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Iowa Meeting Guide: Dubuque tied to the Mississippi

Courtesy Dubuque CVB

In 1839, weary travelers who crossed the Mississippi River to reach Dubuque were relieved to spot the Waples House on Second and Main streets, a hotel celebrated for its fine dining and luxurious decor.

Later renamed the Hotel Julien for the town’s namesake, Julien Dubuque, the hotel’s guests have reportedly included Abraham Lincoln, Buffalo Bill Cody and Mark Twain. It was rebuilt after a fire in in 1913.

Today, after falling out of favor for a time, the hotel is back. A  $36 million renovation completed in 2009 has restored its elegance, inside and out, and the rechristened Hotel Julien Dubuque has come to symbolize downtown Dubuque’s renaissance.

The hotel has 133 rooms and suites, including the two-bedroom Al Capone Suite, a nod to the former guest.

“Dubuque has really been put on the map in the last 10 years,” said Mark Czeshinski, the hotel’s director of sales.

The Hotel Julien’s recent additions are a spa and a fitness center with a pool. Most of its 15,000 square feet of meeting space is on the atrium level, where the Capone suite is located.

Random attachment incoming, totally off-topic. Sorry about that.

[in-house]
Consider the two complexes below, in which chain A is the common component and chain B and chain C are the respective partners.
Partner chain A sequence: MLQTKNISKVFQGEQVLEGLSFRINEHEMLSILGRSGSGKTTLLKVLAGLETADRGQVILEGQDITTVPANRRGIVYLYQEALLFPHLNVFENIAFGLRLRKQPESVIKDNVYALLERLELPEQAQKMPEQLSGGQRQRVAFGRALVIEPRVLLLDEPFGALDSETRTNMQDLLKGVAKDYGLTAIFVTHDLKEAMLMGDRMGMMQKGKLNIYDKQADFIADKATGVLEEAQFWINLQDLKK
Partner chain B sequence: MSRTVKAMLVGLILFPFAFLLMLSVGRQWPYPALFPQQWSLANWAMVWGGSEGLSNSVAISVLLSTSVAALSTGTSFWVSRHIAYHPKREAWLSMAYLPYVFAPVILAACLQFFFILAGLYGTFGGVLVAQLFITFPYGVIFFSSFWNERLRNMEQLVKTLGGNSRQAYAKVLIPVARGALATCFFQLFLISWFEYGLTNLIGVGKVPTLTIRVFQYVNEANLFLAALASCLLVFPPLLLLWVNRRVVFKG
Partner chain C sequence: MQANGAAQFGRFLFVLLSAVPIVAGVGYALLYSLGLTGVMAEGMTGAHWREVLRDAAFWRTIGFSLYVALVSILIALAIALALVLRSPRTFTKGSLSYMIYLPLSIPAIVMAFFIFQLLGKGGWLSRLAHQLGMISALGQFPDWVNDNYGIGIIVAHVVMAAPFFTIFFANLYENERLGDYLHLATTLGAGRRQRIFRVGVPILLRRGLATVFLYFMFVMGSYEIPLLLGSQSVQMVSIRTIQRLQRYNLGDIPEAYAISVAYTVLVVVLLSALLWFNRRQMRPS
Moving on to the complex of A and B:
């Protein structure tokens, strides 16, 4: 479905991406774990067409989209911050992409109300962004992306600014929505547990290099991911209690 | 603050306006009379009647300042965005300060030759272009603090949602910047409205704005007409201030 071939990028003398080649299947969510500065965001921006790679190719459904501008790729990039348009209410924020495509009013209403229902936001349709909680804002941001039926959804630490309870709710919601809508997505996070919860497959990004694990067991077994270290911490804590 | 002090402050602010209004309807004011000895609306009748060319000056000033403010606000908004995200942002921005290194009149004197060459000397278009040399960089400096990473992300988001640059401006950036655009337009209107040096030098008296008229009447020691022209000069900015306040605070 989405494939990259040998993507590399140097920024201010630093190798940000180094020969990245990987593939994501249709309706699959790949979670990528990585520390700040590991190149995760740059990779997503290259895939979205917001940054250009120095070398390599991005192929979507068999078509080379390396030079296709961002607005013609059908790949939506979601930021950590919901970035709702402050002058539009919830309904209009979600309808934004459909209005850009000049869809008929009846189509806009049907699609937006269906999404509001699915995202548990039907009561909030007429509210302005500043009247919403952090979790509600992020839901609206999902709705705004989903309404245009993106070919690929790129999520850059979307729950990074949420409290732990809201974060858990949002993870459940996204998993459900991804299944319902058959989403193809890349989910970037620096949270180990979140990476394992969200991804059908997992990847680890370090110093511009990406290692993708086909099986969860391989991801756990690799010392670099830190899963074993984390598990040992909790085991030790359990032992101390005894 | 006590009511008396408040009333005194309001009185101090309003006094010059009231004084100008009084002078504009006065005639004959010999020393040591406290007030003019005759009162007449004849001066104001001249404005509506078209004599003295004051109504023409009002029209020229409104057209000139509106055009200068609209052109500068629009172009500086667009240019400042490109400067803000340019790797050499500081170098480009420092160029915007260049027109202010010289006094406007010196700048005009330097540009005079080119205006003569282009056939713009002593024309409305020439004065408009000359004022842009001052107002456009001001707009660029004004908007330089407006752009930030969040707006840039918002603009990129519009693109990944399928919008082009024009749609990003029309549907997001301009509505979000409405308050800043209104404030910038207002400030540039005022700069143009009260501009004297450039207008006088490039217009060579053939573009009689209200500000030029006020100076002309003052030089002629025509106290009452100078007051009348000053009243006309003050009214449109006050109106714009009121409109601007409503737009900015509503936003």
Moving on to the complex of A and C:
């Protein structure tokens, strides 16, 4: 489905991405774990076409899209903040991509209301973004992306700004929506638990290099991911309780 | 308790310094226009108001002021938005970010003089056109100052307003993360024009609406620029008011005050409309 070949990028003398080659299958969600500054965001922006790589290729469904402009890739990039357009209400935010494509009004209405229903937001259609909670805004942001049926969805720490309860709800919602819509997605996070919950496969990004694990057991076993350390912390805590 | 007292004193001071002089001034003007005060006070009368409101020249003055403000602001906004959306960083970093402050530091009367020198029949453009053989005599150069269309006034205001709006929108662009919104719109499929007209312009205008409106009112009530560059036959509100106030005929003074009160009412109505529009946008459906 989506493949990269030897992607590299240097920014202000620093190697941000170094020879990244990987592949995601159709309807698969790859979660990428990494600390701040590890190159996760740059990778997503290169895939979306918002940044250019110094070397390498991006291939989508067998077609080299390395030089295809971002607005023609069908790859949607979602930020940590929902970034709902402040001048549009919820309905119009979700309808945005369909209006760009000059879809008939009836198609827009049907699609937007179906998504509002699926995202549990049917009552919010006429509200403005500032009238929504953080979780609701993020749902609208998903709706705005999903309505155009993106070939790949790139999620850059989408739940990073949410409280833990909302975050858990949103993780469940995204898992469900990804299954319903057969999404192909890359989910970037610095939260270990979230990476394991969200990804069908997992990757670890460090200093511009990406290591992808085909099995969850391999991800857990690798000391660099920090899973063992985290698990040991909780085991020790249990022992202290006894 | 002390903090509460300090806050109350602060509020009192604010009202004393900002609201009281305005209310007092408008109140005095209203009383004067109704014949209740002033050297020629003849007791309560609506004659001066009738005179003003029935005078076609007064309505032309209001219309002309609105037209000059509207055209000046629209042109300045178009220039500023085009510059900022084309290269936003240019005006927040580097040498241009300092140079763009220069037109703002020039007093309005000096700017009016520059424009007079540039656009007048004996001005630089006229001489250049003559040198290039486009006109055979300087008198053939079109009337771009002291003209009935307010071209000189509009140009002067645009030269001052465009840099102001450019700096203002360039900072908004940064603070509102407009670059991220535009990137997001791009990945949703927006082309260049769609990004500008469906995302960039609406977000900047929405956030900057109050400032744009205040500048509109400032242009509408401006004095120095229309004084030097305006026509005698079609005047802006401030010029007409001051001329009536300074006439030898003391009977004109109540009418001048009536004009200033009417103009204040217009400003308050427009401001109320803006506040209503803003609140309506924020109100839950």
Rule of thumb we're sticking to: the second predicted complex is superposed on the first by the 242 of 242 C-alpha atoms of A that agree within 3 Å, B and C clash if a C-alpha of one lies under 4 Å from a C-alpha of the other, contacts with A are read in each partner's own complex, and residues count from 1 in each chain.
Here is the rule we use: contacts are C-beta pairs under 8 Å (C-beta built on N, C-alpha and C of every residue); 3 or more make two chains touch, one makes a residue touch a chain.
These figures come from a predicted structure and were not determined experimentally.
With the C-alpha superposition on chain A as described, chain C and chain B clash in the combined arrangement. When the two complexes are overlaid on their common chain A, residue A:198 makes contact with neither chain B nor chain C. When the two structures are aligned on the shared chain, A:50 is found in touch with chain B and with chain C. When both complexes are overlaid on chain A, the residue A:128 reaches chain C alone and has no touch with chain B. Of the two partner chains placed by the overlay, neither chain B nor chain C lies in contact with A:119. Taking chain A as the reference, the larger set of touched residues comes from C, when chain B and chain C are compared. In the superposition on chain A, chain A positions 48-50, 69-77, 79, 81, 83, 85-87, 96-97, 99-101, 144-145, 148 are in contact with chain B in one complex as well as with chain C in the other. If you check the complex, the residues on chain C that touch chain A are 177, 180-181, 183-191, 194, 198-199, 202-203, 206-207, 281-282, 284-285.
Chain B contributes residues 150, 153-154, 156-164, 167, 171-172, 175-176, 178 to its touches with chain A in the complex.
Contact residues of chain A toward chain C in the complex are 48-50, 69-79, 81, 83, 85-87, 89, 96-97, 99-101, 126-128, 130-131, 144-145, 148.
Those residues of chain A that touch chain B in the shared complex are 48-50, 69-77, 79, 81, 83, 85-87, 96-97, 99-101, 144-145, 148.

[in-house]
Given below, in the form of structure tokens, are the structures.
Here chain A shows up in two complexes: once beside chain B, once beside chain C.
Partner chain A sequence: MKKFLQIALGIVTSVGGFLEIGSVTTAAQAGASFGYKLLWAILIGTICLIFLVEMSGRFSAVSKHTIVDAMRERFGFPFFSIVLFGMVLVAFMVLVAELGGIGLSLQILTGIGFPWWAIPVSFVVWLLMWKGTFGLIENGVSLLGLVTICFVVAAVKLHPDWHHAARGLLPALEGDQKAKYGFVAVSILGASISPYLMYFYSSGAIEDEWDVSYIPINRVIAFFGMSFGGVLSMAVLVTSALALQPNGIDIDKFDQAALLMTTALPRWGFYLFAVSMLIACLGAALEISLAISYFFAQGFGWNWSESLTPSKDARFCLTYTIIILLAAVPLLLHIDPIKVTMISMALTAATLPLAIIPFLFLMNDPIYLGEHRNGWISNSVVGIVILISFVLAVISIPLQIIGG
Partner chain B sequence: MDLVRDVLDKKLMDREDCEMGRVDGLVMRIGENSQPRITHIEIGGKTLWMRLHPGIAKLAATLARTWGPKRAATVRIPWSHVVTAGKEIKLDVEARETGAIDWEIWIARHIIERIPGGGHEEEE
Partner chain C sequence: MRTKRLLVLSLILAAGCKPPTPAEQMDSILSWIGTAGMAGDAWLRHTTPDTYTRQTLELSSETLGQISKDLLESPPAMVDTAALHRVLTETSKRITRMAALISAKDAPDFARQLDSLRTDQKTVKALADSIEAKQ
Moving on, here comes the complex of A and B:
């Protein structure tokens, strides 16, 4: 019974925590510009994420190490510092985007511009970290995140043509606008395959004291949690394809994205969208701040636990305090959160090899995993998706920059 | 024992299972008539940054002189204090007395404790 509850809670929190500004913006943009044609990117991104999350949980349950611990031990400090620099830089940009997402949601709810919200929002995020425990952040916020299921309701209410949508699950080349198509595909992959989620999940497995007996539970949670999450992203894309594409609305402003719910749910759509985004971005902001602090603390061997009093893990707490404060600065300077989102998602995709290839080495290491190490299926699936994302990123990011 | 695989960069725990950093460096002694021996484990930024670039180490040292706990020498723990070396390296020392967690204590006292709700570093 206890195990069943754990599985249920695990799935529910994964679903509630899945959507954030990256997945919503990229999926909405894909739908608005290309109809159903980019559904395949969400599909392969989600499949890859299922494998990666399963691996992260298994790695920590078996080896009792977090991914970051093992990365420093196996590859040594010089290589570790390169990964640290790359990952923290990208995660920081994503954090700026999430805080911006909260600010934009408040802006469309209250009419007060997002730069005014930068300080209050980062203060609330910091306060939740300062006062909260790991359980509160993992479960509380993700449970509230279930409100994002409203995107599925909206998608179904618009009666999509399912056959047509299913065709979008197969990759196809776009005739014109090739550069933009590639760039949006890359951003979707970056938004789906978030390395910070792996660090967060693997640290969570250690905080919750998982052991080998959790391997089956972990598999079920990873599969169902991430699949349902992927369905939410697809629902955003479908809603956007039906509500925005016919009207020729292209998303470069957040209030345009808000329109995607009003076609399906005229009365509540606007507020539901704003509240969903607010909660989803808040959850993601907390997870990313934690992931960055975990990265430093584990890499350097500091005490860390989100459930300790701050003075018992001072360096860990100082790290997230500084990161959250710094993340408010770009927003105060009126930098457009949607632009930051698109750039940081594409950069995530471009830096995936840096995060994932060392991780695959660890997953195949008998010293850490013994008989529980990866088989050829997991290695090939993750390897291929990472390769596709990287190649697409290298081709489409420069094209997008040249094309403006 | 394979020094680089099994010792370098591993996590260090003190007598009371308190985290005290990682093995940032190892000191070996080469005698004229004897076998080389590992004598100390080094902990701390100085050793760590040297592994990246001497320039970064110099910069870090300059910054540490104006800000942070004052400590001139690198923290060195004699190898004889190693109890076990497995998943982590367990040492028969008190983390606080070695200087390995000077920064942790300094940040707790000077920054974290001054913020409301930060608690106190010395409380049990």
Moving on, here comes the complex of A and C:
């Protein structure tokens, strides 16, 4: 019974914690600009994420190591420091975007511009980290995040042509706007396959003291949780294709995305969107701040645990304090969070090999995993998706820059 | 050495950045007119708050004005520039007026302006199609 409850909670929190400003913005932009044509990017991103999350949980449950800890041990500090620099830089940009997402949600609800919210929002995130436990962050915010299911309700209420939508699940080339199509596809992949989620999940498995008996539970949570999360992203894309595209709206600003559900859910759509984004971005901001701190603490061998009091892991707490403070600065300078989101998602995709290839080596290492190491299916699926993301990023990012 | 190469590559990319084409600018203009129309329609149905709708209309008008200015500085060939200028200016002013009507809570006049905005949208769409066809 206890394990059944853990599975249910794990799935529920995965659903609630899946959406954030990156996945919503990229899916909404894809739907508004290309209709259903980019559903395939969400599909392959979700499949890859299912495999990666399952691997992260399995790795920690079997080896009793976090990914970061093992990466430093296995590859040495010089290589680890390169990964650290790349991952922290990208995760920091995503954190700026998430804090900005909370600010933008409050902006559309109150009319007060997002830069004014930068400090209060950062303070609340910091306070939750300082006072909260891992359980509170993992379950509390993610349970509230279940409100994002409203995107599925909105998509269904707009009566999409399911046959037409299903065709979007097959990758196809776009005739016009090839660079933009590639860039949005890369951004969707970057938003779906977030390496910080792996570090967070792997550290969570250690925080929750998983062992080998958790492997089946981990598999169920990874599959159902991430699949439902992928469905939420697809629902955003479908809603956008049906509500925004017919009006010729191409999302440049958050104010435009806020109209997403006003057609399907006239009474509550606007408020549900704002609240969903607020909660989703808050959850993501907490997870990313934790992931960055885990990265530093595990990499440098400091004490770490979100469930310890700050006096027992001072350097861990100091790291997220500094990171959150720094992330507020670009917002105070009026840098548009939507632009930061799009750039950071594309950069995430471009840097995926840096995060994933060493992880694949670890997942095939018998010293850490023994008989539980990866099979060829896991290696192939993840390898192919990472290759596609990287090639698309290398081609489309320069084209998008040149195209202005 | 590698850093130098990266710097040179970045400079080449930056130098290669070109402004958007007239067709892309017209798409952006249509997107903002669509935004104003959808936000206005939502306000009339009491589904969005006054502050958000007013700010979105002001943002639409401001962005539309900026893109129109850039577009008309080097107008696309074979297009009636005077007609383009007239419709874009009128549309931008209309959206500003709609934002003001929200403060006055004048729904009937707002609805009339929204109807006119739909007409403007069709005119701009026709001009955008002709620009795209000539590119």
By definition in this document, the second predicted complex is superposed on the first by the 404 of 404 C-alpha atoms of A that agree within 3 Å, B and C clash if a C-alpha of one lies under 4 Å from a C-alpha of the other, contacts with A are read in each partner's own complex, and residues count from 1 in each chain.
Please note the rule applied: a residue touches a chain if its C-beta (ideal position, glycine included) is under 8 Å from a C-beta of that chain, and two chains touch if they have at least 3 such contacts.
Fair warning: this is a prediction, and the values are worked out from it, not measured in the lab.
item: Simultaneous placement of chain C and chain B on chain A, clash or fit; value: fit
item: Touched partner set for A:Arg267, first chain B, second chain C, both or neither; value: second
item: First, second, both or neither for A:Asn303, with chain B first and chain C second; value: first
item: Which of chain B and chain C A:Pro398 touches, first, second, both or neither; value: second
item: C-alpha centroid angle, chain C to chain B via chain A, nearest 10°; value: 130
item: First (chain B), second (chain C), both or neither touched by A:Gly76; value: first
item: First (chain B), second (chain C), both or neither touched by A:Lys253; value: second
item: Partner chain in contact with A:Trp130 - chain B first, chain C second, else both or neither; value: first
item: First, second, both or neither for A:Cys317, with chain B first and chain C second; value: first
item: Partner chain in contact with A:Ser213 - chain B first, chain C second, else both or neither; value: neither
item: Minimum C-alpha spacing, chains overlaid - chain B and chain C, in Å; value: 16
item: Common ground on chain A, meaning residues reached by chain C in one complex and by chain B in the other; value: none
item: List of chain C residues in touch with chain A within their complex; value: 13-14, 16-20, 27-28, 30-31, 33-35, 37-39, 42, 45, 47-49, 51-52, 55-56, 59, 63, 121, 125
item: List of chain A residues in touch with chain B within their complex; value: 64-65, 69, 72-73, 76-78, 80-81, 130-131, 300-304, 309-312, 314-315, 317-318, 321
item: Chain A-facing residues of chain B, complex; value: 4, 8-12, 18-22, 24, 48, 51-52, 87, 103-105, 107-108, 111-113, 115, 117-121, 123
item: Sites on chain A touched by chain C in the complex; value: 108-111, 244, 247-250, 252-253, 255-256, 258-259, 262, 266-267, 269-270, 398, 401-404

A 3,460-square-foot ballroom with 17-foot-high ceilings can be combined with the 2,806-square-foot Fleur de Lis room for banquets of up to 400.

The hotel is near the Port of Dubuque, a dining and entertainment area that is also home to the Grand River Center.

“The center is a block away,” said Czeshinski. “It’s wonderful to be able to work together.”

The 86,000-square-foot center, built in 2003, has a 12,000-square-foot ballroom, a 30,000-square-foot exhibit hall and 12,000 square feet of meeting space. It not only sports river views but is also near the National Mississippi River Museum and Aquarium.

An affiliate of the Smithsonian Institution, the museum in 2010 doubled the size of its campus and added the National River Center, which focuses on all the rivers in North America that affect oceans. A 3-D/4-D theater introduces wind, rain, lights, fog and even scent into the room. The  staff can manually control the effects.

“You could enter the room with strobe lights, fog and the seats shaking,” said John Sutter, director of marketing and communication.

A plaza with a pavilion, located between the two major buildings on the 10-acre campus, can serve as a cocktail or event space for about 100 people. In May, the city cut the ribbon on a project in the Millwork District that makes streets accessible to drivers, bikers and pedestrians.

“Dubuque is really growing,” Czeshinski said. And for planners, it’s growing in the right direction.